In high school, I started a feminism club. Here’s what I learned.

We need to let the voices of all women be heard.

Kathryn Schultz

As a high schooler, I started a (mostly unsuccessful) feminism club. At our peak, we raised less than a couple hundred dollars for the Malala Fund — an organization that advocates for girls’ education.

The remainder of our group’s short-lived existence primarily consisted of me attempting to convince my rural and conservative classmates that there is a need for feminism and that it is, in fact, a thing that exists.

This was in 2012, when the fourth wave of feminism was starting to gain traction. I was a young, white woman living in Fergus Falls, Minnesota — a town that was 95.5 percent white, and yes, that’s an actual statistic. While well-intentioned, I didn’t yet understand the importance of intersectionality within feminism.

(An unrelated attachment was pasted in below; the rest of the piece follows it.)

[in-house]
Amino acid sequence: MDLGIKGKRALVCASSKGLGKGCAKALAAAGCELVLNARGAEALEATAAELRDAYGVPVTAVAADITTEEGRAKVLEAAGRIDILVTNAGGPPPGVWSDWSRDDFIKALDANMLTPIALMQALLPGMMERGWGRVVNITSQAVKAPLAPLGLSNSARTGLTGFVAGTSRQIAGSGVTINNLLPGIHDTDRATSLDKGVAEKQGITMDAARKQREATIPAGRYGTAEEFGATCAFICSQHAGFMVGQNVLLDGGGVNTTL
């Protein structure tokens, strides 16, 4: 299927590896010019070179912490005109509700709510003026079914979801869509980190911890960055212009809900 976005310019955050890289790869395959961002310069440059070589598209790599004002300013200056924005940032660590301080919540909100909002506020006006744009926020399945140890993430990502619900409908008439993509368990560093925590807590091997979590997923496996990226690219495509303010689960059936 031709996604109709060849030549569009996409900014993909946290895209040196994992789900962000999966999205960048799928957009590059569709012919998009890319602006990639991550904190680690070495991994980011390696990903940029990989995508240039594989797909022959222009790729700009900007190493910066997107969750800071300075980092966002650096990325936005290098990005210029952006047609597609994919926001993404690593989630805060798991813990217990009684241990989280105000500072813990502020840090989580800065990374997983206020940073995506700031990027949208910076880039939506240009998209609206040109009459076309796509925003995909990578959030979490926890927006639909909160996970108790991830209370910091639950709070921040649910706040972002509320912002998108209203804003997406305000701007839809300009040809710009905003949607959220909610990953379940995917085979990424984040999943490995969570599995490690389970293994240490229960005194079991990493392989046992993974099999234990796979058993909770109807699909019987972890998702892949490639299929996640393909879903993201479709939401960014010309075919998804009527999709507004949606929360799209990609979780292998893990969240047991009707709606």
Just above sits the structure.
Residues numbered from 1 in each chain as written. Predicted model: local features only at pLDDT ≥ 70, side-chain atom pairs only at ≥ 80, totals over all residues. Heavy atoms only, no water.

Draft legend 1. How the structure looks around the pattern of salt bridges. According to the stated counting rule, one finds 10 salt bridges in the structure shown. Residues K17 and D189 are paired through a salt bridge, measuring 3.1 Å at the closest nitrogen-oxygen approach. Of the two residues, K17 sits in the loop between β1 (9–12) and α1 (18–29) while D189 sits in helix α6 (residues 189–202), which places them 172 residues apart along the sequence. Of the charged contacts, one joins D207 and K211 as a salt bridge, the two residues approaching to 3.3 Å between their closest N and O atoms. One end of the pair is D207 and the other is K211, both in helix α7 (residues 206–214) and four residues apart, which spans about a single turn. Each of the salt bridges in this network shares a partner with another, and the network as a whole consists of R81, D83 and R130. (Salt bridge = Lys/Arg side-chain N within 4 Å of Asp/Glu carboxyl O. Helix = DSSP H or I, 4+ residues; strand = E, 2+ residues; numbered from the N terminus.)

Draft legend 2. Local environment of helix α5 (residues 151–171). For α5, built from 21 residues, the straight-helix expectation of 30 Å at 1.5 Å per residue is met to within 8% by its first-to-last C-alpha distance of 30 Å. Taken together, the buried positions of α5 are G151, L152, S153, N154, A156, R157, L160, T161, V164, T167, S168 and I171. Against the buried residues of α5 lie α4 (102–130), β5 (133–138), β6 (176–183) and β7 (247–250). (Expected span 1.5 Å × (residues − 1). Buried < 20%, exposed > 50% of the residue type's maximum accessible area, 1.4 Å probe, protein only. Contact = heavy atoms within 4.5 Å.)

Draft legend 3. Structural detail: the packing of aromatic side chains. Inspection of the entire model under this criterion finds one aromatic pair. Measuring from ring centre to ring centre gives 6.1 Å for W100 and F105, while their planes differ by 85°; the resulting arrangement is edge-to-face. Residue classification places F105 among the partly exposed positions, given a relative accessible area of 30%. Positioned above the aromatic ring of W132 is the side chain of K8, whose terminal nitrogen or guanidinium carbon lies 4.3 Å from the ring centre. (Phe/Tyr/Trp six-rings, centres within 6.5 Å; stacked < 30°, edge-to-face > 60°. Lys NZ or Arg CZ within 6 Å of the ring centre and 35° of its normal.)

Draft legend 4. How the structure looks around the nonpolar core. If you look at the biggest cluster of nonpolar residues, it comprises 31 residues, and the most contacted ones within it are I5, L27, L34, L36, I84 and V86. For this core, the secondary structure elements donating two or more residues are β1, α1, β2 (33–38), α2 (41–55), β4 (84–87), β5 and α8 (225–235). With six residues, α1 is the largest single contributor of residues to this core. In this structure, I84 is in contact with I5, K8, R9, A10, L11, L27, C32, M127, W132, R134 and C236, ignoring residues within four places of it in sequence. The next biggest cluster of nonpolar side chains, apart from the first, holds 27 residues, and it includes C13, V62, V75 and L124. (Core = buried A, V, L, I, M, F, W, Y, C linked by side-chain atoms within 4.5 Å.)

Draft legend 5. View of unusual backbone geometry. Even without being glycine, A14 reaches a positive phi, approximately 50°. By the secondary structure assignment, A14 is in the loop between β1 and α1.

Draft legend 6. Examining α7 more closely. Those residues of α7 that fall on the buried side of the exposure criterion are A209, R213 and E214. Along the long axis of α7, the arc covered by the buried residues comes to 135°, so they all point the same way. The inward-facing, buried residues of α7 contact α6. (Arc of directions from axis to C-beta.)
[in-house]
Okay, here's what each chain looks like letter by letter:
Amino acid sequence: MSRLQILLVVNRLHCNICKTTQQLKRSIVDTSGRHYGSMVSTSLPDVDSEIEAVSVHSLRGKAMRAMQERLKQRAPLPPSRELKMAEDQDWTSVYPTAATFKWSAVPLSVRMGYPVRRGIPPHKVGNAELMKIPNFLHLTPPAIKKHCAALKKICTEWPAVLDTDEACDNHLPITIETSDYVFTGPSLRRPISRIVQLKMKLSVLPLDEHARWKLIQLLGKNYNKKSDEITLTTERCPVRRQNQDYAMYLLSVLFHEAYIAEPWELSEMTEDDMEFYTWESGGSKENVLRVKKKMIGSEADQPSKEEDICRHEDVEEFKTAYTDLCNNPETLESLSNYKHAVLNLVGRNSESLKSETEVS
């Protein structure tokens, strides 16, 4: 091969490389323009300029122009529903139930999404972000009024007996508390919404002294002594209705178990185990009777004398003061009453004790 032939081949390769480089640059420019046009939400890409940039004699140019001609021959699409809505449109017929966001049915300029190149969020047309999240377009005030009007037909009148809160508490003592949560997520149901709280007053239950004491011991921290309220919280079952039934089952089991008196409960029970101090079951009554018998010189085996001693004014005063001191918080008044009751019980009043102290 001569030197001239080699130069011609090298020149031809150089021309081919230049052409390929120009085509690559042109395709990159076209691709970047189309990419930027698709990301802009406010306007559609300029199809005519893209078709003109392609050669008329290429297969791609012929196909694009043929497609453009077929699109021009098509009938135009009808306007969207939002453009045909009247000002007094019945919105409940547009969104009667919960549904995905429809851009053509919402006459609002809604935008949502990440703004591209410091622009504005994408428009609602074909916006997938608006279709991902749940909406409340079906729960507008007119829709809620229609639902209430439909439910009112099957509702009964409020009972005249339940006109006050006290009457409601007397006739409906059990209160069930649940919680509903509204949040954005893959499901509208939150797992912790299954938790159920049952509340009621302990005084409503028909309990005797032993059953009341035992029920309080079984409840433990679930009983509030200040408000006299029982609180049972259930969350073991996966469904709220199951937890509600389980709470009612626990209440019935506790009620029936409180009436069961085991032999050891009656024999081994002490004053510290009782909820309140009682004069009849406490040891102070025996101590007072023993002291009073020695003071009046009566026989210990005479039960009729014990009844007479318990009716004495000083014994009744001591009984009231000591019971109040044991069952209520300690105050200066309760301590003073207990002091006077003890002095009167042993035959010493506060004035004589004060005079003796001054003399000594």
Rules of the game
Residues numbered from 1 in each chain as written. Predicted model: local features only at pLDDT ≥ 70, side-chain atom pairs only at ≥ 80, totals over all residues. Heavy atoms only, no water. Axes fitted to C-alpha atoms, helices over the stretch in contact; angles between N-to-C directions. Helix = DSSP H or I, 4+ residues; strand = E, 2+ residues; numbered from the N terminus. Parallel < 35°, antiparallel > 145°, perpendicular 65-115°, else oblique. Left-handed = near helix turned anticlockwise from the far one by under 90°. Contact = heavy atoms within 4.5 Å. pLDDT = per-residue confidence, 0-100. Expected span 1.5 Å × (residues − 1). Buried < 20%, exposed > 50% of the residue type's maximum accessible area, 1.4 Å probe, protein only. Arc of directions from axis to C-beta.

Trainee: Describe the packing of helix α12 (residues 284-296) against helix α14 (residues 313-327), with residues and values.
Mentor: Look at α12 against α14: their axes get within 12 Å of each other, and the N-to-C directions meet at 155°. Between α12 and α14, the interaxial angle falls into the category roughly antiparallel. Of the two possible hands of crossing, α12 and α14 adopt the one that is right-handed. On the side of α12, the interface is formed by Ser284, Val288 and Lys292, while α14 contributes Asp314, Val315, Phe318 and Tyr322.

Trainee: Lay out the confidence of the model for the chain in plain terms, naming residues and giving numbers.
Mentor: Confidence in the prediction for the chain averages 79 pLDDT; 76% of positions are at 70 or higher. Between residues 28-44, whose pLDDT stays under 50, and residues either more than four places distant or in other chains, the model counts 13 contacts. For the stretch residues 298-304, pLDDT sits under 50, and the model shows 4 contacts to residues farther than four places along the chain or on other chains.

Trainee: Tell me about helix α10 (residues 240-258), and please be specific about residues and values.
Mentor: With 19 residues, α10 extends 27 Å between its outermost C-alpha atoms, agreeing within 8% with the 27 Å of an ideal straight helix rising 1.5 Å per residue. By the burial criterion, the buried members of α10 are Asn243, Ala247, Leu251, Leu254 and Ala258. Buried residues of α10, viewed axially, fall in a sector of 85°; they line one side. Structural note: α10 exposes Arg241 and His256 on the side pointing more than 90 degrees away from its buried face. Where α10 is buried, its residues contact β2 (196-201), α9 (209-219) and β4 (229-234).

My brand of feminism catered to those around me — my peers who looked like me, and had similar advantages. For example, I cited the oft-quoted pay-gap factoid: Women are only paid 76 percent as much as men for the same job. However, this statistic only applies to white women and white men. In reality, the disparity is much greater for other women.

The recent Women’s March on Washington was criticized by many for catering to a similar brand of exclusionary cis-gendered, white feminism.

In my observance, when a white woman is turned onto feminism for the first time, it feels radical to simply stand up for her own rights. However, when cis, white women speak for everyone without listening to the unique perspectives of all other women, their feminism has failed. We must listen to and learn from each other.